This is one of the serious problems that have become widespread nowadays, where many workers do not hesitate to ask for a tip, and some of them think that it is a right that is their due, and some of them will argue about the amount if it is given to them. They may also be negligent in performance of their job if they feel that they are not going to get a tip or they are going to be tipped poorly, and they will work harder for one who tips more generously.
If the worker is being paid by the one who sent him, then there is no point in giving him a tip. Rather the apparent meaning of the Sunnah is that this is haraam. Al-Bukhaari (7174) and Muslim (1832) narrated that Abu Humayd al-Saa’idi (may Allaah be pleased with him) said: The Messenger of Allaah (peace and blessings of Allaah be upon him) appointed a man from Bani Asad who was called Ibn al-Lutbiyyah in charge of the zakaah. When he came he said: “This is for you, and this was given to me.” The Prophet (peace and blessings of Allaah be upon him) stood up on the minbar and praised and glorified Allaah, then he said: “What is the matter with an agent whom we send, then he comes and says: ‘This is for you and this was given to me’? Why doesn’t he sit in the house of his father and mother and see if he will be given anything or not? By the One in Whose hand is my soul, he does not take anything but he will come on the Day of Resurrection carrying it, even if it is a groaning camel, or a lowing cow, or a bleating sheep.” Then he raised his arms until we could see the whiteness of his armpits and said: “O Allaah, have I conveyed (the message)?” three times.
The difference between a haraam gift and a permissible gift is that if it is given because of a person’s work, then it is haraam. The guideline concerning this is to look at the person’s situation: if he was not in this job, would he have been given this gift? This is what the Prophet (peace and blessings of Allaah be upon him) meant when he said: “Why doesn’t he sit in the house of his father and mother and see if he will be given anything or not?”
Scholars’ comments on this issue:
1 – The fatwa issued by the Standing Committee (23/548): What is the Islamic ruling on one who is given money when he is at work without him asking for it or using any tricks in order to take that money? For example, the mayor or the Shaykh of a village, to whom people come for certificates and documents because they live in his village, and they give him some money for that. Is it permissible to take it? Is this money regarded as permissible? Can we take as evidence for it being halaal the hadeeth of Saalim ibn ‘Abd-Allaah ibn ‘Umar, from his father ‘Abd-Allaah ibn ‘Umar, from ‘Umar (may Allaah be pleased with him) who said: The Messenger of Allaah (peace and blessings of Allaah be upon him) used to give me a stipend and I would say: “Give it to one who is in greater need of it than me.” He said: “Take it, for if any of this wealth comes to you when you are not hoping for it and asking for it, then take it and keep it, then if you wish you may give it in charity, but whatever does not come to you, do not seek it.” Saalim said: ‘Abd-Allaah used not to ask anyone for anything, and he would not reject anything that he was given. Agreed upon.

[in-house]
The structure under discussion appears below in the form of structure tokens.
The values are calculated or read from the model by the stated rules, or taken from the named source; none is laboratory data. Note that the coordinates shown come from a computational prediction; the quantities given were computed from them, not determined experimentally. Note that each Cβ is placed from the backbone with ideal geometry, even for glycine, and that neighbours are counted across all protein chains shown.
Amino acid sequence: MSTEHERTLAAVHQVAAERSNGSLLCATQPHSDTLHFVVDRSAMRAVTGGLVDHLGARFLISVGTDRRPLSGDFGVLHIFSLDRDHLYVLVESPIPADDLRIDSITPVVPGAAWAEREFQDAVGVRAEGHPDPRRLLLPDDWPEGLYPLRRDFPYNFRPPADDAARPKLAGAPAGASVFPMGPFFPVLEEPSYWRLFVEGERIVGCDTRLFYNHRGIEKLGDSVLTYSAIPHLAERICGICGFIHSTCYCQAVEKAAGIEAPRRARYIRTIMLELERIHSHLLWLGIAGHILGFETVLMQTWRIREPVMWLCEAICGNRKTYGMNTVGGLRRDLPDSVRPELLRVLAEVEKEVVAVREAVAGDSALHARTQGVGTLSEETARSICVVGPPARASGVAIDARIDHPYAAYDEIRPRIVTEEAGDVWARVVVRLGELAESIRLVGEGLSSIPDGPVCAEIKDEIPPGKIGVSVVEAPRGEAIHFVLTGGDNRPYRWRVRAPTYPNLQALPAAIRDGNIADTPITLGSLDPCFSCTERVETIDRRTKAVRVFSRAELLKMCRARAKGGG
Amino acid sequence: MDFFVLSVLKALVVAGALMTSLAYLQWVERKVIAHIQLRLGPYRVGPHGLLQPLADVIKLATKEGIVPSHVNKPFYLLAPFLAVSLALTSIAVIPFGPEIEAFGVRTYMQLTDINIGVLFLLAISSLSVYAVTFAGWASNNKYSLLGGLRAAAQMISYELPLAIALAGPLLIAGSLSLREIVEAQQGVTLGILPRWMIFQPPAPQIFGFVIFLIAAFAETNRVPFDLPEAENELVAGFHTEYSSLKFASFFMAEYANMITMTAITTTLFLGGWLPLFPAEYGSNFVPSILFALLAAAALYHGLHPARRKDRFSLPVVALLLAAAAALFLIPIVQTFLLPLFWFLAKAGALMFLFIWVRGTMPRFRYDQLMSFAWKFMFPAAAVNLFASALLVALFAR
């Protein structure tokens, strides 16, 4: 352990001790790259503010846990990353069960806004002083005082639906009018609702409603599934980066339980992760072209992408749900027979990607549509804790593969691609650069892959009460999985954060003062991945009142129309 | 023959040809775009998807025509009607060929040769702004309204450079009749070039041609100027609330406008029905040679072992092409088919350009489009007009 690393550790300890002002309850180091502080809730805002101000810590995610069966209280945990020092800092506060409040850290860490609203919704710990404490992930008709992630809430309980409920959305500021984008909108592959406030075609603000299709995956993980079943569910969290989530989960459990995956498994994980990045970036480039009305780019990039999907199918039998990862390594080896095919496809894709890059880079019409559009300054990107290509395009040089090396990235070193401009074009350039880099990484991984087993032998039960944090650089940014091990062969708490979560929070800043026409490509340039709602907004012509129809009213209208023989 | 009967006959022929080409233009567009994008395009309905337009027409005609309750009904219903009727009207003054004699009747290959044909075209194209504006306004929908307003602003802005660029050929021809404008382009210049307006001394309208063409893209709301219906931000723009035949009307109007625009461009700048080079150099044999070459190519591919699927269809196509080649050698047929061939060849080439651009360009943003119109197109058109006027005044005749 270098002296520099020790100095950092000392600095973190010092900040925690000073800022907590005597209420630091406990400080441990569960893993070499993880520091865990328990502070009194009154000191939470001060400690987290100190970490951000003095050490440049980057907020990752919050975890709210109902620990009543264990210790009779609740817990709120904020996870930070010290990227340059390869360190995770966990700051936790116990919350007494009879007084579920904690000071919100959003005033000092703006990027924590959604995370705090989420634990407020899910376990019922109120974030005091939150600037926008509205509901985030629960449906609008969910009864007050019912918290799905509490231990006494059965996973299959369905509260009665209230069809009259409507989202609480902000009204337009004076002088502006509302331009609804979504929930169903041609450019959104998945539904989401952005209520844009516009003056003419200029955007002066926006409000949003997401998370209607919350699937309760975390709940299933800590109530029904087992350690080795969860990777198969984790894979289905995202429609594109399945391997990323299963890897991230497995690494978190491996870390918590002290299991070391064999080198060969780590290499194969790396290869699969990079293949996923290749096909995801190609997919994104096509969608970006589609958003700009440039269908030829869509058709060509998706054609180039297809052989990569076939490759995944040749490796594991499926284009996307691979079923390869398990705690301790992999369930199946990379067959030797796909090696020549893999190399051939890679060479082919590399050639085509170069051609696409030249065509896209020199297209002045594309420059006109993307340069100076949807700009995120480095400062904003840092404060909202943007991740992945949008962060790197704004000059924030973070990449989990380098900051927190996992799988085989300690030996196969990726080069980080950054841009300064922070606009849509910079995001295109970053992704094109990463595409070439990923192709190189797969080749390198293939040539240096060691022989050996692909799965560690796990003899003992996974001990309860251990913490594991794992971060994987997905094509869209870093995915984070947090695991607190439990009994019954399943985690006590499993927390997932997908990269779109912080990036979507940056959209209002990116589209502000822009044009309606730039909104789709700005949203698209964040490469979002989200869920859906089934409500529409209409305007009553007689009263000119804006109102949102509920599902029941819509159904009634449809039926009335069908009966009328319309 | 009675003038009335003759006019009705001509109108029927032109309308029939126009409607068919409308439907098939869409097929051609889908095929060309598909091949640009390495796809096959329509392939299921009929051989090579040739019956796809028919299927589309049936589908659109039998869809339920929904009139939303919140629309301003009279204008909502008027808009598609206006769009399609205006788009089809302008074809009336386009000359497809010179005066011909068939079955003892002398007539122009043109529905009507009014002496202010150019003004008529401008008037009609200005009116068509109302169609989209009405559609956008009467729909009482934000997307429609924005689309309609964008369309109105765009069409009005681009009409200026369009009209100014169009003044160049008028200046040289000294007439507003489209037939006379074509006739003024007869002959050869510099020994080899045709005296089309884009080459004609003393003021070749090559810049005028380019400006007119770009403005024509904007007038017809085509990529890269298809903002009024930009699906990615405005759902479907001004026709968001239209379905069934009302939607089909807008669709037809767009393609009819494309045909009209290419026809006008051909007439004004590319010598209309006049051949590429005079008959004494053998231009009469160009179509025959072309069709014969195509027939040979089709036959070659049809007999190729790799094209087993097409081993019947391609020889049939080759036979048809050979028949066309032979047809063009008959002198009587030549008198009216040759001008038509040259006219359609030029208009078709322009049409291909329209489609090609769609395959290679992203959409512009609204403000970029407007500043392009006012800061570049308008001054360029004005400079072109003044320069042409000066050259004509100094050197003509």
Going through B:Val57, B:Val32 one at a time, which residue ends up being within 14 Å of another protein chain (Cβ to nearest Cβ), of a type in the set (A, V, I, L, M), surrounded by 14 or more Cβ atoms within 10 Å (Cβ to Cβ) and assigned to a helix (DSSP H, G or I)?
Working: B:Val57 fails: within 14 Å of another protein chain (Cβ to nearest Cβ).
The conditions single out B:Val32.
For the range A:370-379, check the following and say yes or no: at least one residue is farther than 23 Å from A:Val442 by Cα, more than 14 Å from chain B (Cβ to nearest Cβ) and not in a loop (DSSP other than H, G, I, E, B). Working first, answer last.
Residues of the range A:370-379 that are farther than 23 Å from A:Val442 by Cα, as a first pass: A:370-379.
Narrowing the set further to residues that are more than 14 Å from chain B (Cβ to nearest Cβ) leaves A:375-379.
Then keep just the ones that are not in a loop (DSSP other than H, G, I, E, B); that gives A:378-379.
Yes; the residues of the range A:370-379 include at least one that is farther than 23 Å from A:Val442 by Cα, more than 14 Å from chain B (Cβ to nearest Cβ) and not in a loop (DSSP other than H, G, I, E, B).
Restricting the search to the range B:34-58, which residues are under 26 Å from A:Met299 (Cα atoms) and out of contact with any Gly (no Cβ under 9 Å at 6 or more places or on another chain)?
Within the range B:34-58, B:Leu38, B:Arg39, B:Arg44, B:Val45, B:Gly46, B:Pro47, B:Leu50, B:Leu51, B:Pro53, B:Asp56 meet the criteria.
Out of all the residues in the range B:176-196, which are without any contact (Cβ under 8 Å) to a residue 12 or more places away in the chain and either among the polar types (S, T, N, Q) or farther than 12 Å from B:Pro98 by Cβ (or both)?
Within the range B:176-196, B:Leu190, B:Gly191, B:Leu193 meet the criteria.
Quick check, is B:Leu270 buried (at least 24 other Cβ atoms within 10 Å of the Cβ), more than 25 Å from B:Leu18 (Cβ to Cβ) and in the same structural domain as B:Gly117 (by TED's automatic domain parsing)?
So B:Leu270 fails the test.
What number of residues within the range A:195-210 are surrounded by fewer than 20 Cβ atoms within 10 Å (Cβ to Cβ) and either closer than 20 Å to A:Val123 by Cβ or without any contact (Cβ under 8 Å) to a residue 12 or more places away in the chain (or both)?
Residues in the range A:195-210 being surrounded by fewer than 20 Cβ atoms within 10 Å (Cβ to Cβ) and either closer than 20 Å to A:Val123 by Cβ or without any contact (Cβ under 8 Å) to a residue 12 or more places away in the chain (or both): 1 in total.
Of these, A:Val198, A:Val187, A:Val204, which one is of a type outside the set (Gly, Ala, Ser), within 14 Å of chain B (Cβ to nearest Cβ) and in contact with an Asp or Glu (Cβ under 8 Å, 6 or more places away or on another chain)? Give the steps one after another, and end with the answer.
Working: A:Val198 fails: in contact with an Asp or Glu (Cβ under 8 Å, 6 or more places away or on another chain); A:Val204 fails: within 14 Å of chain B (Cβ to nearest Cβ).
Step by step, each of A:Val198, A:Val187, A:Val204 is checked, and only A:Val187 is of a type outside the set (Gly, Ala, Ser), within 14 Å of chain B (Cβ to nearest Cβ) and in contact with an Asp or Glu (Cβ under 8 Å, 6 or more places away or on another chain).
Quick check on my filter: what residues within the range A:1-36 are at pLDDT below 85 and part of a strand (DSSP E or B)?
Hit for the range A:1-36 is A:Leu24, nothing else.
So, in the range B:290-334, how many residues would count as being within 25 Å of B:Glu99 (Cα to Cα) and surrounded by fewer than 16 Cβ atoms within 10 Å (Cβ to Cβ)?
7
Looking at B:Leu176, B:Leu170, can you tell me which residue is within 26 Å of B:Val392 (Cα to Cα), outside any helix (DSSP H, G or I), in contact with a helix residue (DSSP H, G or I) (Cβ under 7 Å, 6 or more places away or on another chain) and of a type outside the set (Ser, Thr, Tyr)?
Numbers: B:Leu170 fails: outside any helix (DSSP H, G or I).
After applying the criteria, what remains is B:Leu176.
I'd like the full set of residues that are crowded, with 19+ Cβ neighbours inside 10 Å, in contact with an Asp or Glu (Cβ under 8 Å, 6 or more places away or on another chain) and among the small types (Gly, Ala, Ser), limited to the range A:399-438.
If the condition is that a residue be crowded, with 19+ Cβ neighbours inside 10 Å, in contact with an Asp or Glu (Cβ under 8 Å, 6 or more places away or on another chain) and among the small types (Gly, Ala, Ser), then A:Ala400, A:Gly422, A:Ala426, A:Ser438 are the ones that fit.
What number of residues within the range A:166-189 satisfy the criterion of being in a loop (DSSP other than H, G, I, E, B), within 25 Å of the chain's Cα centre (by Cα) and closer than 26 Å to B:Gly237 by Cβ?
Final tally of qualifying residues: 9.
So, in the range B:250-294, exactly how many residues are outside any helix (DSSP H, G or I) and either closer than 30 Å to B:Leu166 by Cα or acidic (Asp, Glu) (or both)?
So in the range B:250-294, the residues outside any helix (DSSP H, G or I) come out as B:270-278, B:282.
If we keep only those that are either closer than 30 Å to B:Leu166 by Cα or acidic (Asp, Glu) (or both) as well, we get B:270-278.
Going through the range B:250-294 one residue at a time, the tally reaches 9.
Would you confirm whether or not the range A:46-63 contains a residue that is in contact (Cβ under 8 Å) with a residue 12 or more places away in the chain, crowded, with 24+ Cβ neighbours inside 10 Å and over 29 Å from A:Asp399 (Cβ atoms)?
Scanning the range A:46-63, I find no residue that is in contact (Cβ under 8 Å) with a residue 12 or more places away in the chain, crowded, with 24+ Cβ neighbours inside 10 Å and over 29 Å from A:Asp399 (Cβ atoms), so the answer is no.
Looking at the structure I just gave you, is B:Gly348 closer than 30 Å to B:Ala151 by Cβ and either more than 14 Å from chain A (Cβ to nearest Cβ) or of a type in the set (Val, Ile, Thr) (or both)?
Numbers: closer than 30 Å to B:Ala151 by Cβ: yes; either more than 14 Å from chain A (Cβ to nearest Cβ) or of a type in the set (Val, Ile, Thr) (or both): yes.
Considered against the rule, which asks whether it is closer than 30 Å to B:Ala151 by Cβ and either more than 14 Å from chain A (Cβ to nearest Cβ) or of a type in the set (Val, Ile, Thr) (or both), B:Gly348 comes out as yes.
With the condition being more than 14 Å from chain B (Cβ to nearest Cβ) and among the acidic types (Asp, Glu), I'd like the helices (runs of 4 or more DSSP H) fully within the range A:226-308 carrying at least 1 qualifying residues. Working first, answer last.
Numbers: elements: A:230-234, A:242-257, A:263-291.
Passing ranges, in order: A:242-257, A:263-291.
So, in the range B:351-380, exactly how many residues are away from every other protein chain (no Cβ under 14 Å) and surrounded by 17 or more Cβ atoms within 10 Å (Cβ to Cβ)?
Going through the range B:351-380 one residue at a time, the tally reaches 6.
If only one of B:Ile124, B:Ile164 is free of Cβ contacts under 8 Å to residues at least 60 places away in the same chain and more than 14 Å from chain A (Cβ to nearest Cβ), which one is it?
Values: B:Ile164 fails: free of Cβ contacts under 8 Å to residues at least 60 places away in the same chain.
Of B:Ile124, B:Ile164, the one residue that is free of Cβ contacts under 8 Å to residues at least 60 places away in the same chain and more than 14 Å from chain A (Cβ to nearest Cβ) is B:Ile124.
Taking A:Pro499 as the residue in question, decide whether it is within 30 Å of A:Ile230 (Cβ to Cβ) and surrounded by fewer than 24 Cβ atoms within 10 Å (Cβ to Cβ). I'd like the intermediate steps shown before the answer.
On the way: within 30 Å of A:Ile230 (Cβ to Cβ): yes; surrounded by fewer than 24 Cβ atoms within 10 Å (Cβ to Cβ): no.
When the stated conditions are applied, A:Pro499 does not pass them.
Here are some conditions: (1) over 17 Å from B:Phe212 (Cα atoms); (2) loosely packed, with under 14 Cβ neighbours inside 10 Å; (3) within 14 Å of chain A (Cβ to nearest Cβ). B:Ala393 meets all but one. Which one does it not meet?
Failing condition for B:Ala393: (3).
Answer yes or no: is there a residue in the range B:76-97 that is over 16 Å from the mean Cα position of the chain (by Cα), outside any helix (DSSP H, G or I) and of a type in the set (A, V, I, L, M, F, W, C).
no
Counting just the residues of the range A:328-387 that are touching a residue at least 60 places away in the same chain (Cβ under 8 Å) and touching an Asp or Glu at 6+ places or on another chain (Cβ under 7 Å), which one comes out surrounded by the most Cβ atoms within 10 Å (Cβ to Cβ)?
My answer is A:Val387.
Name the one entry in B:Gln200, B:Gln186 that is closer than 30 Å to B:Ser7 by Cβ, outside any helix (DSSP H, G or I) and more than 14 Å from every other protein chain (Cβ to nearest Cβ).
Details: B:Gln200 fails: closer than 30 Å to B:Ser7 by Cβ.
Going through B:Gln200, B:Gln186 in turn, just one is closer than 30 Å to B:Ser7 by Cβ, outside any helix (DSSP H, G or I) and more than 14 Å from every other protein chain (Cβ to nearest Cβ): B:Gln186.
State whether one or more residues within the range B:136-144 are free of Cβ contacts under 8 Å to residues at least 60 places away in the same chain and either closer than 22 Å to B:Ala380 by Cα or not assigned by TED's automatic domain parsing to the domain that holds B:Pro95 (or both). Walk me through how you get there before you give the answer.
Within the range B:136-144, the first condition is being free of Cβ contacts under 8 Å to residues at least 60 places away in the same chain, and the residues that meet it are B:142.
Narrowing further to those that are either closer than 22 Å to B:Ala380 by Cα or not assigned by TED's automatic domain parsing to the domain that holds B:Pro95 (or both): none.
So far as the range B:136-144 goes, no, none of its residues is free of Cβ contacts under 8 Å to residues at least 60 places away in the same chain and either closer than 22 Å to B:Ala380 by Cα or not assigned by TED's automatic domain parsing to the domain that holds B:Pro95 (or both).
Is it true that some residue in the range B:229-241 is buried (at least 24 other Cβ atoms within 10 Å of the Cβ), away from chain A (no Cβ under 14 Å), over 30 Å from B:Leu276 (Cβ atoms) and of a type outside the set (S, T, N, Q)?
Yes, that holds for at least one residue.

Answer: If the situation is as described, whatever is given to this mayor is haraam, because it is a bribe. The hadeeth of Ibn ‘Umar (may Allaah be pleased with him) has nothing to do with this matter, because that has to do with one who is given something from the bayt al-maal of the Muslims by the Muslim ruler without asking for it or expecting anything.
2 – Shaykh Saalih al-Fawzaan (may Allaah preserve him) was asked: We have a banquet hall in which there are cooks, and some of the cooks ask for tips in addition to their salaries. Is it permissible to give a worker some money as a tip, as he is used to taking from people?
He replied: If there is a worker who has a salary and is paid a set amount by the boss, then it is not permissible for anyone to give him anything, because this will make him resent others, as some people are poor and cannot afford to give them anything. So doing this is a bad habit. [From al-Muntaqa fi Fataawa al-Shaykh al-Fawzaan, vol. 3, question no. 233.]